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Logarithm notation question

  1. Jul 19, 2012 #1
    1. The problem statement, all variables and given/known data

    I've never seen a number above the ln like that, usually it's on another term or simply ln(2). What does that numer mean? Is it Log(e)^2 i.e. (Loge)(Loge)? That doesn't make any sense to me.
    2. Relevant equations

    3. The attempt at a solution

    Bring the 2 down and divide both sides by it.
    ln (1+x)=2

    (e^2) - 1=x

    It's supposed to have one more solution, x = (1/(e^2)) - 1
  2. jcsd
  3. Jul 19, 2012 #2
    It means

  4. Jul 19, 2012 #3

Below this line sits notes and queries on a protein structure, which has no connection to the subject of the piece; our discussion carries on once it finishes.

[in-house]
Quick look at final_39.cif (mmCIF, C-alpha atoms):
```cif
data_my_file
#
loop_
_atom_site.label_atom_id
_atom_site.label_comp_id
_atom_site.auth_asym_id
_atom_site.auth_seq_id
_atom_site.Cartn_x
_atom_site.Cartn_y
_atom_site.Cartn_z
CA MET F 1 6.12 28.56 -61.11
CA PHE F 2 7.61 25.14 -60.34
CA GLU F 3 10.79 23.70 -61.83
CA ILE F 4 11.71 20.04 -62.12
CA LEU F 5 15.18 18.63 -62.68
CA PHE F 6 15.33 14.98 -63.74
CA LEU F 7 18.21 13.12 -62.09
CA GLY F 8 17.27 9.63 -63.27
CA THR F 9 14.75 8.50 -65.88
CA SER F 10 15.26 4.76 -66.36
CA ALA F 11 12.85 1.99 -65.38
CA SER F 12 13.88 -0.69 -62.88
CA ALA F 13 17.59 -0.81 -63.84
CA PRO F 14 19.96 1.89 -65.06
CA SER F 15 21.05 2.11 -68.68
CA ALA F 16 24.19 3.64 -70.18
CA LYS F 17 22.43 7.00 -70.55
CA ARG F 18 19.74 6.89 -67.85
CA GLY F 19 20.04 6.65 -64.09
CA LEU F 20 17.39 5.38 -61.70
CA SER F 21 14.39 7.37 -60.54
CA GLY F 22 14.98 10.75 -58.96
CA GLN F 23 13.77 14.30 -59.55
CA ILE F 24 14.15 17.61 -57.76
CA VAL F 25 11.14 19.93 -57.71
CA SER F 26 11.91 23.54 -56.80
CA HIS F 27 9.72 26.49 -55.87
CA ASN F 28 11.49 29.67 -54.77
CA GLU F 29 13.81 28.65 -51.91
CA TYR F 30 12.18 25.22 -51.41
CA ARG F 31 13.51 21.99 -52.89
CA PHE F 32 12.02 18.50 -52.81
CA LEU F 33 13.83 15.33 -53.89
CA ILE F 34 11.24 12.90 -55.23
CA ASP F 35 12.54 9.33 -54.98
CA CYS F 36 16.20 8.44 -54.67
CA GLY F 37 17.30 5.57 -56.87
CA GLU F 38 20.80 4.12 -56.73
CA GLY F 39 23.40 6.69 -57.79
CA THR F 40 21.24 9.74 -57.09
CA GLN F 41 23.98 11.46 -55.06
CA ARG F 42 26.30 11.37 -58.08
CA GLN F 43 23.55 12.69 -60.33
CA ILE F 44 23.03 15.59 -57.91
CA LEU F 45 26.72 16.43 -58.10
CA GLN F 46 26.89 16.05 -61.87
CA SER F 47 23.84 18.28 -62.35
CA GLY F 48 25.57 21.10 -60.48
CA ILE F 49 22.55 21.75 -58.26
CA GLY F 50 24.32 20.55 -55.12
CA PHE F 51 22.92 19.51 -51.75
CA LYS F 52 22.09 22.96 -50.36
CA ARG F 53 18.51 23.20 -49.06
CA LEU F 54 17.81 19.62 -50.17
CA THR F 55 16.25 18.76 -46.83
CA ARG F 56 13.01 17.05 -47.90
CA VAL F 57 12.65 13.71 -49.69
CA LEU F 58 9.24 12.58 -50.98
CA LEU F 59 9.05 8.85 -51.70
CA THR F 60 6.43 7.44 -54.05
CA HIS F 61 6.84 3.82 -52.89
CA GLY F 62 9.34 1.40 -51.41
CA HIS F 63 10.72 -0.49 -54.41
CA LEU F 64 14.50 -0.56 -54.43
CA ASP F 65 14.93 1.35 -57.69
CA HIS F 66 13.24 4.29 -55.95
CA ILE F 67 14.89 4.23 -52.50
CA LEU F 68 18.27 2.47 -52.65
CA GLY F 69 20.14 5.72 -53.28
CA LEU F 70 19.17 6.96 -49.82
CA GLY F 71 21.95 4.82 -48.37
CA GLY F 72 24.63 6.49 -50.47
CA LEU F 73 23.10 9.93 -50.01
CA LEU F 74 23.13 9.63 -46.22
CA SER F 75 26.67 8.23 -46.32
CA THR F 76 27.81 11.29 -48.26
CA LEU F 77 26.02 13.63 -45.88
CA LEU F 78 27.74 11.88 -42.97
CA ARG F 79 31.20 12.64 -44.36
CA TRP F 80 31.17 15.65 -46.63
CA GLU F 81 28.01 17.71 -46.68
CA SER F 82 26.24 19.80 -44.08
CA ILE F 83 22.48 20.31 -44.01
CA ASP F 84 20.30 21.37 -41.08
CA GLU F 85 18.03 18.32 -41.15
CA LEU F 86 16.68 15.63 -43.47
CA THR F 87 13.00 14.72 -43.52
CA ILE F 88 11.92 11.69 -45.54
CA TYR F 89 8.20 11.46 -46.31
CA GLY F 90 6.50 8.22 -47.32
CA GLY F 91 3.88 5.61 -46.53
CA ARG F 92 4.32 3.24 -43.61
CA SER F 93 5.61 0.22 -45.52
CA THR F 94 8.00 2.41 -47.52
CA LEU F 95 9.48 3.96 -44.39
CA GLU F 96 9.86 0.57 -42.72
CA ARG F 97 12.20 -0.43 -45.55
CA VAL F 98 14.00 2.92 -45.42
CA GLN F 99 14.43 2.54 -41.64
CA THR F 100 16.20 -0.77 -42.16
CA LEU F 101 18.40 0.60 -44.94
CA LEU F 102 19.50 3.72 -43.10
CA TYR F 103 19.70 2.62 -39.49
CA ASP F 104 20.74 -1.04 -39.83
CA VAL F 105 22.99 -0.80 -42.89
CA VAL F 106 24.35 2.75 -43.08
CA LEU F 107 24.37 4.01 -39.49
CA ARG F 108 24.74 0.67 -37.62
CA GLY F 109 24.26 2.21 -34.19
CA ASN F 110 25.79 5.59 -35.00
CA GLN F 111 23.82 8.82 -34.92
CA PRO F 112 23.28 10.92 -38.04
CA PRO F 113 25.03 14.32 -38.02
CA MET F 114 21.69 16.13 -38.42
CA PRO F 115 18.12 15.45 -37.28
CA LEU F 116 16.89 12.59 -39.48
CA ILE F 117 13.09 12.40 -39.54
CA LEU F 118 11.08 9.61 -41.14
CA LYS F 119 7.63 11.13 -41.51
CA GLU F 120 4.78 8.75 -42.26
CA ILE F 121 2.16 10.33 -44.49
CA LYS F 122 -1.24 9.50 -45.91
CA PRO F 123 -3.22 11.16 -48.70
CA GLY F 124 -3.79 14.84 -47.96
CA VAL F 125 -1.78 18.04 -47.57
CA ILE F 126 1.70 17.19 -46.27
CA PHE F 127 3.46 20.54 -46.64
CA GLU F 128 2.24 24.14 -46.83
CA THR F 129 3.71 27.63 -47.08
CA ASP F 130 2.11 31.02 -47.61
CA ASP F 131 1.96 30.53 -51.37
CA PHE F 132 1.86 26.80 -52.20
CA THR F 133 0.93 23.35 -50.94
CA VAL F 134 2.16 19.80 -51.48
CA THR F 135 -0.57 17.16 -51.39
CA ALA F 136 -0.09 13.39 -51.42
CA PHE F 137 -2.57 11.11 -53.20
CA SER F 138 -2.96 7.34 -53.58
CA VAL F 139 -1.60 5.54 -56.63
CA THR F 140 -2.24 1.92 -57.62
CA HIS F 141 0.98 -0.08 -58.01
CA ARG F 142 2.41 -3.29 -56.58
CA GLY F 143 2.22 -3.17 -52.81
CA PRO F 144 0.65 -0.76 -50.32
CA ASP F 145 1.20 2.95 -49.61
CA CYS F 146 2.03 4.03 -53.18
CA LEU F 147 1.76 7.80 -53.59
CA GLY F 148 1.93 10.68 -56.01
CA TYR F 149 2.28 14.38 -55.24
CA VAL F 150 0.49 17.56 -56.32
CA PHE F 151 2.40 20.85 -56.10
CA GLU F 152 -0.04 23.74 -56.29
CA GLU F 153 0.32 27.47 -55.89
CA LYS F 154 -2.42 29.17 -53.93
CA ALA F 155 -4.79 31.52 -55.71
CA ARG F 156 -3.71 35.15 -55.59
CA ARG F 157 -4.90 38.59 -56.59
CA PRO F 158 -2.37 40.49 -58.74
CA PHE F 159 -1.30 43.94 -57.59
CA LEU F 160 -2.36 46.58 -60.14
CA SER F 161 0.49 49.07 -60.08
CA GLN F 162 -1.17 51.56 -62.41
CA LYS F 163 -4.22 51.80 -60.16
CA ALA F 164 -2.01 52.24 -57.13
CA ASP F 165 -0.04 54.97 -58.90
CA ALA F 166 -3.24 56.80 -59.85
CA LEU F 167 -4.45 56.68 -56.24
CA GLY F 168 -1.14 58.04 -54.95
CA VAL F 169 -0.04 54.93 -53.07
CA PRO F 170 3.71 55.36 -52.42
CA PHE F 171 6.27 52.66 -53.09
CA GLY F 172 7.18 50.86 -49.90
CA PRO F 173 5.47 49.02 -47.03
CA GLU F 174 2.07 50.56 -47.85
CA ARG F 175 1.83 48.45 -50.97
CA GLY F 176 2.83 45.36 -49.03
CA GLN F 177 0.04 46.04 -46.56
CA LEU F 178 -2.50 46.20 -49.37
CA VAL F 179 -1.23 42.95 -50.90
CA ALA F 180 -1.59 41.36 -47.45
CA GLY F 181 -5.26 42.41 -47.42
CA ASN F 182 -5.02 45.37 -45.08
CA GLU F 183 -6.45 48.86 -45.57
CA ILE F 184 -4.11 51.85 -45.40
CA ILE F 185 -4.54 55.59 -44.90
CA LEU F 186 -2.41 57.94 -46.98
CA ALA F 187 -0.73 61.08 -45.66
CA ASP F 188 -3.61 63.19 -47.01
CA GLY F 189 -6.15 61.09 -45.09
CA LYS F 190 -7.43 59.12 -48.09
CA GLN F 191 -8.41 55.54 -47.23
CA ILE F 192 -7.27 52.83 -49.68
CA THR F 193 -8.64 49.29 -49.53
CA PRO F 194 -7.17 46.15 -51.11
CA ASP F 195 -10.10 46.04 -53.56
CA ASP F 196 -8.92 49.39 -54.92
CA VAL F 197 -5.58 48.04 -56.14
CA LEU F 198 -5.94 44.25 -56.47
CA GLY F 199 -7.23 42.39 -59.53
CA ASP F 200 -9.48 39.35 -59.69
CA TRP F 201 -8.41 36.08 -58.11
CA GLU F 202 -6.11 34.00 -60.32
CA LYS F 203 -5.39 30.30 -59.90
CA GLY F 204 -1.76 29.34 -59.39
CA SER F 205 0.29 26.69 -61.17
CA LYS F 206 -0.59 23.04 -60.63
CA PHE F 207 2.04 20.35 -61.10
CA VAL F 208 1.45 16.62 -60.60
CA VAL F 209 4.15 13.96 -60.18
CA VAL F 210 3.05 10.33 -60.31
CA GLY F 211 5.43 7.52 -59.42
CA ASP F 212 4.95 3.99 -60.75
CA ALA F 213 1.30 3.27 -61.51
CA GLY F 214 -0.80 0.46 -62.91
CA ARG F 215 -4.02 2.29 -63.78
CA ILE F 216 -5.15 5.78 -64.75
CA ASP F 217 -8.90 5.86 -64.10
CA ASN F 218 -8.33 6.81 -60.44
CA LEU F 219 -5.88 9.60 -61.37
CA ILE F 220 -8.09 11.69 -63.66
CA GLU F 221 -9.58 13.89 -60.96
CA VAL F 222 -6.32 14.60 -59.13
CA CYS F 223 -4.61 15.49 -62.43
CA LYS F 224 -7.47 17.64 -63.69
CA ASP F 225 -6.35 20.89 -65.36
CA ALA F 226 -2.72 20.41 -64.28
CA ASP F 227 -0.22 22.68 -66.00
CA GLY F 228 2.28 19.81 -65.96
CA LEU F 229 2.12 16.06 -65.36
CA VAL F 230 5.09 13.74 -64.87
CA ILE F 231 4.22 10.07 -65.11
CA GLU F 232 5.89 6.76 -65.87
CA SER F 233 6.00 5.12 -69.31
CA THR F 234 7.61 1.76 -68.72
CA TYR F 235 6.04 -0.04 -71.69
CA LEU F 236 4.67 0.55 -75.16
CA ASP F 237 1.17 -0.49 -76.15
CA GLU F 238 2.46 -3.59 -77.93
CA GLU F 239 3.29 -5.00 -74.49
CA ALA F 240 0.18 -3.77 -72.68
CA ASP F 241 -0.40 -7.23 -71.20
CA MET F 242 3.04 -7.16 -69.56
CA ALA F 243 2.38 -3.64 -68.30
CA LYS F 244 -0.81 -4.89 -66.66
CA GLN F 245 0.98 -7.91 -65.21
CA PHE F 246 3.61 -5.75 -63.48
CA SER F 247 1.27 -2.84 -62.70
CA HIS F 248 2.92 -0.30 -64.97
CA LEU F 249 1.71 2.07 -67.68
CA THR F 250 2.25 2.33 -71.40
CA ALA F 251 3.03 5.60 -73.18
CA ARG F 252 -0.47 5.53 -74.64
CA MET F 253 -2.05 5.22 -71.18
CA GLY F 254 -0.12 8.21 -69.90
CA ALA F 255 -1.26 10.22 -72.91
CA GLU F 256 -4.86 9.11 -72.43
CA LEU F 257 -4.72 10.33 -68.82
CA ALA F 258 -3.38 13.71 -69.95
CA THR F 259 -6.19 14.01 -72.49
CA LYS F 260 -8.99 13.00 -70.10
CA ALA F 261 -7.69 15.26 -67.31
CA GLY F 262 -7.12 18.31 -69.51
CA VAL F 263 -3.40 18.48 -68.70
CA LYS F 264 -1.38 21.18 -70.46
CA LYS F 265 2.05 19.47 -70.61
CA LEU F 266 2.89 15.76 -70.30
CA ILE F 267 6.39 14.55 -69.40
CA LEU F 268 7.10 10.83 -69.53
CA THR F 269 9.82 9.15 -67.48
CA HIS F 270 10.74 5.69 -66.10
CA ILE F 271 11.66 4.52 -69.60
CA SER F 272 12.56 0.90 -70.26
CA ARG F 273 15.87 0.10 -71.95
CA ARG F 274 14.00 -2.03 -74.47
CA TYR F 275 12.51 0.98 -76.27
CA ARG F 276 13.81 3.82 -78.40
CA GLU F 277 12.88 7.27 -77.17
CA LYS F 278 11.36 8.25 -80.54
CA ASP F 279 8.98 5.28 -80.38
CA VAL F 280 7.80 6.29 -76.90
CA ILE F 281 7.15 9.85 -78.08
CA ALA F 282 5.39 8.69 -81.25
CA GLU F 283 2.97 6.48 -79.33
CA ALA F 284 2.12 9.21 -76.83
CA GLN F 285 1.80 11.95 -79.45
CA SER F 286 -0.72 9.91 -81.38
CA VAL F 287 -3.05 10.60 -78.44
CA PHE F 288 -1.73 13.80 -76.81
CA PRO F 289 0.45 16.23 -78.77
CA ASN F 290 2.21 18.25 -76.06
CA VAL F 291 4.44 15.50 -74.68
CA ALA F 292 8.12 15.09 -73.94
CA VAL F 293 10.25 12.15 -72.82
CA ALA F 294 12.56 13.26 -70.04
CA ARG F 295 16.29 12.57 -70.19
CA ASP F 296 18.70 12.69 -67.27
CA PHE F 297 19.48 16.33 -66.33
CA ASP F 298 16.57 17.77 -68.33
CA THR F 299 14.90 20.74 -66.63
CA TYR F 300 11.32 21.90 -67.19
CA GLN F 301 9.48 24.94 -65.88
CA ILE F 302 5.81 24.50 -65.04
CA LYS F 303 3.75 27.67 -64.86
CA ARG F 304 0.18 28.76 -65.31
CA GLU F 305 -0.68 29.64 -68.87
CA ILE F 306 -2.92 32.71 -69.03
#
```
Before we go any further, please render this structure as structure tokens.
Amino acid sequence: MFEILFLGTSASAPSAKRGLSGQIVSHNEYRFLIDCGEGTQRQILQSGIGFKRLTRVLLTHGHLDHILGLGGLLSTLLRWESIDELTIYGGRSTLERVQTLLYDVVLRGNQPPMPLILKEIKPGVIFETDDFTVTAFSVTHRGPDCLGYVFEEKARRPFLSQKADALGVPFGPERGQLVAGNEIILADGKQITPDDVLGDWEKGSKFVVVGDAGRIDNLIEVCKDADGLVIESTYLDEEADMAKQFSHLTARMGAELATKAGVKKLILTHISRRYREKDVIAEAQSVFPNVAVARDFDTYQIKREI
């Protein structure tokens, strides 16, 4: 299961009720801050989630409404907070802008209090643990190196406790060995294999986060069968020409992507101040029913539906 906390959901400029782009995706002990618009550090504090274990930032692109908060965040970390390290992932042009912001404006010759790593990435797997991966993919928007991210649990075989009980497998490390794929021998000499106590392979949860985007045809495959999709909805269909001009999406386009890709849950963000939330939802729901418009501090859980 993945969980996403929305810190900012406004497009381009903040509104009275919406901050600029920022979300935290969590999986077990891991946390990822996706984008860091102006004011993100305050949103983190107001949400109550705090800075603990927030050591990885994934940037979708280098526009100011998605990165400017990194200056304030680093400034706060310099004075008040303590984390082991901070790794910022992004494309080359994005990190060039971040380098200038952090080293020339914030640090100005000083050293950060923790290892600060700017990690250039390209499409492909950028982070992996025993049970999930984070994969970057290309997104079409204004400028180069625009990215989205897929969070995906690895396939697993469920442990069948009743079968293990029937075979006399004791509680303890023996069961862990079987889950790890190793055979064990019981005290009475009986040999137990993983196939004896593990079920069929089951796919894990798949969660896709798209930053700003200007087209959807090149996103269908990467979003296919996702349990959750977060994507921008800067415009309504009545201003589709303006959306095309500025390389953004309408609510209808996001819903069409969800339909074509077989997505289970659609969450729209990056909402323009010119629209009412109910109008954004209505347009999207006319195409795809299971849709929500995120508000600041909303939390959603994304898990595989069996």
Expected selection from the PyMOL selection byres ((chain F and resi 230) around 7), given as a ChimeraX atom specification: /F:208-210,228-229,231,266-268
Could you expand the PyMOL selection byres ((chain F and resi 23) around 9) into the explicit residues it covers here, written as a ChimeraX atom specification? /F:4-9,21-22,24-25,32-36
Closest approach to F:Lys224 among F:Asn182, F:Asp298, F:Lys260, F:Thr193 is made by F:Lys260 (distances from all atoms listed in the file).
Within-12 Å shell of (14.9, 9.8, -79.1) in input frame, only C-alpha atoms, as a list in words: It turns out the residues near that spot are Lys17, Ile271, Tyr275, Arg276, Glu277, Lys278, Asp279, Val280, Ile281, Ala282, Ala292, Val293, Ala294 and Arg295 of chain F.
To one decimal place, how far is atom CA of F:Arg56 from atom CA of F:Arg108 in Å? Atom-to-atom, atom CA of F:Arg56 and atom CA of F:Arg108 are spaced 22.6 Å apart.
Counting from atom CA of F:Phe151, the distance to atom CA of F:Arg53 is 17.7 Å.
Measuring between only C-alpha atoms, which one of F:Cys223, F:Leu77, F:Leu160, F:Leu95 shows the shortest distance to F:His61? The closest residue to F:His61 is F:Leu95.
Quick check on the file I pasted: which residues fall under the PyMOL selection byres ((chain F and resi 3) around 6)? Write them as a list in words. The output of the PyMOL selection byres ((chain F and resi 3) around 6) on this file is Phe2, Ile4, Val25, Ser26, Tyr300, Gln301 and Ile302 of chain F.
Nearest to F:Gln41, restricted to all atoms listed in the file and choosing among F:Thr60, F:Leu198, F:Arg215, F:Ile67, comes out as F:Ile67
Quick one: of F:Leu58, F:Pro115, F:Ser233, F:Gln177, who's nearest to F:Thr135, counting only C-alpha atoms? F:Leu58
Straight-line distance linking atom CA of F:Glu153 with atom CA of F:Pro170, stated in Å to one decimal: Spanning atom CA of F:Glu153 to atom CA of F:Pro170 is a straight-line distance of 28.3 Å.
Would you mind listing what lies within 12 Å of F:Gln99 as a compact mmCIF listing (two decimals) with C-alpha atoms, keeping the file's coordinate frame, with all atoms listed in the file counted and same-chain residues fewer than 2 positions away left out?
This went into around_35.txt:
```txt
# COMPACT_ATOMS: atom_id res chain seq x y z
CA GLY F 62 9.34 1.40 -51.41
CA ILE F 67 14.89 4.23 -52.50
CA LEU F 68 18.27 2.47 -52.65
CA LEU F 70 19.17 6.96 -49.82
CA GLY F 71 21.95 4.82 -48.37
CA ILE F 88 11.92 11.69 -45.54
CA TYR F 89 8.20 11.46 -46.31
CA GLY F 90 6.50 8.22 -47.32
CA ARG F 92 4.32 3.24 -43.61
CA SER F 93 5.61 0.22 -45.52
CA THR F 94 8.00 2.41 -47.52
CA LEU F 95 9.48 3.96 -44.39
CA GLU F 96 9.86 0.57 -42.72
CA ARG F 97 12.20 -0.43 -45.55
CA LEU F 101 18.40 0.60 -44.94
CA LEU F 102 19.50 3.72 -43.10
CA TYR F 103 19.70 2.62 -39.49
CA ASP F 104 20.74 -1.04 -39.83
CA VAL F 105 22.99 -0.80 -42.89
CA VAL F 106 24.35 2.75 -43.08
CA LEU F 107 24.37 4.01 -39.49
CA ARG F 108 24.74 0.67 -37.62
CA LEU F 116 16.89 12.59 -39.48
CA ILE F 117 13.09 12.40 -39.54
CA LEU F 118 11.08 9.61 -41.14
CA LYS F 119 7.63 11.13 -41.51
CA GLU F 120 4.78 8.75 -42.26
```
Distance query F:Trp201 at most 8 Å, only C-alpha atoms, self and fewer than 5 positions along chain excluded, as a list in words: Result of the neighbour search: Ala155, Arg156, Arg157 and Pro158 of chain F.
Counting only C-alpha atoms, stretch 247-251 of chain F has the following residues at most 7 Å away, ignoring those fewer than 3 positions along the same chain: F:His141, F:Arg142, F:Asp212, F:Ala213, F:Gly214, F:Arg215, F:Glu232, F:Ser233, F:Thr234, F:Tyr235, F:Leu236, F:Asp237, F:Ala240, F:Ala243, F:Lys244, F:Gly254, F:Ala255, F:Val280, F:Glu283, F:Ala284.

Ah that makes complete sense. Thank you.
  5. Jul 20, 2012 #4


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    Science Advisor

    Remember that for, any function, f, the notation "f(x)" means the function evaluated at x- that is, f(x) is a number and so [itex]f^n(x)[/itex] is that number to the nth power. Generally, for any function, f, the notation fn means "the value of f to the nth power".

    The only (unfortunate) exception to that is '-1'. [itex]f^{-1}[/itex] typically means "the inverse function", not 1/f.
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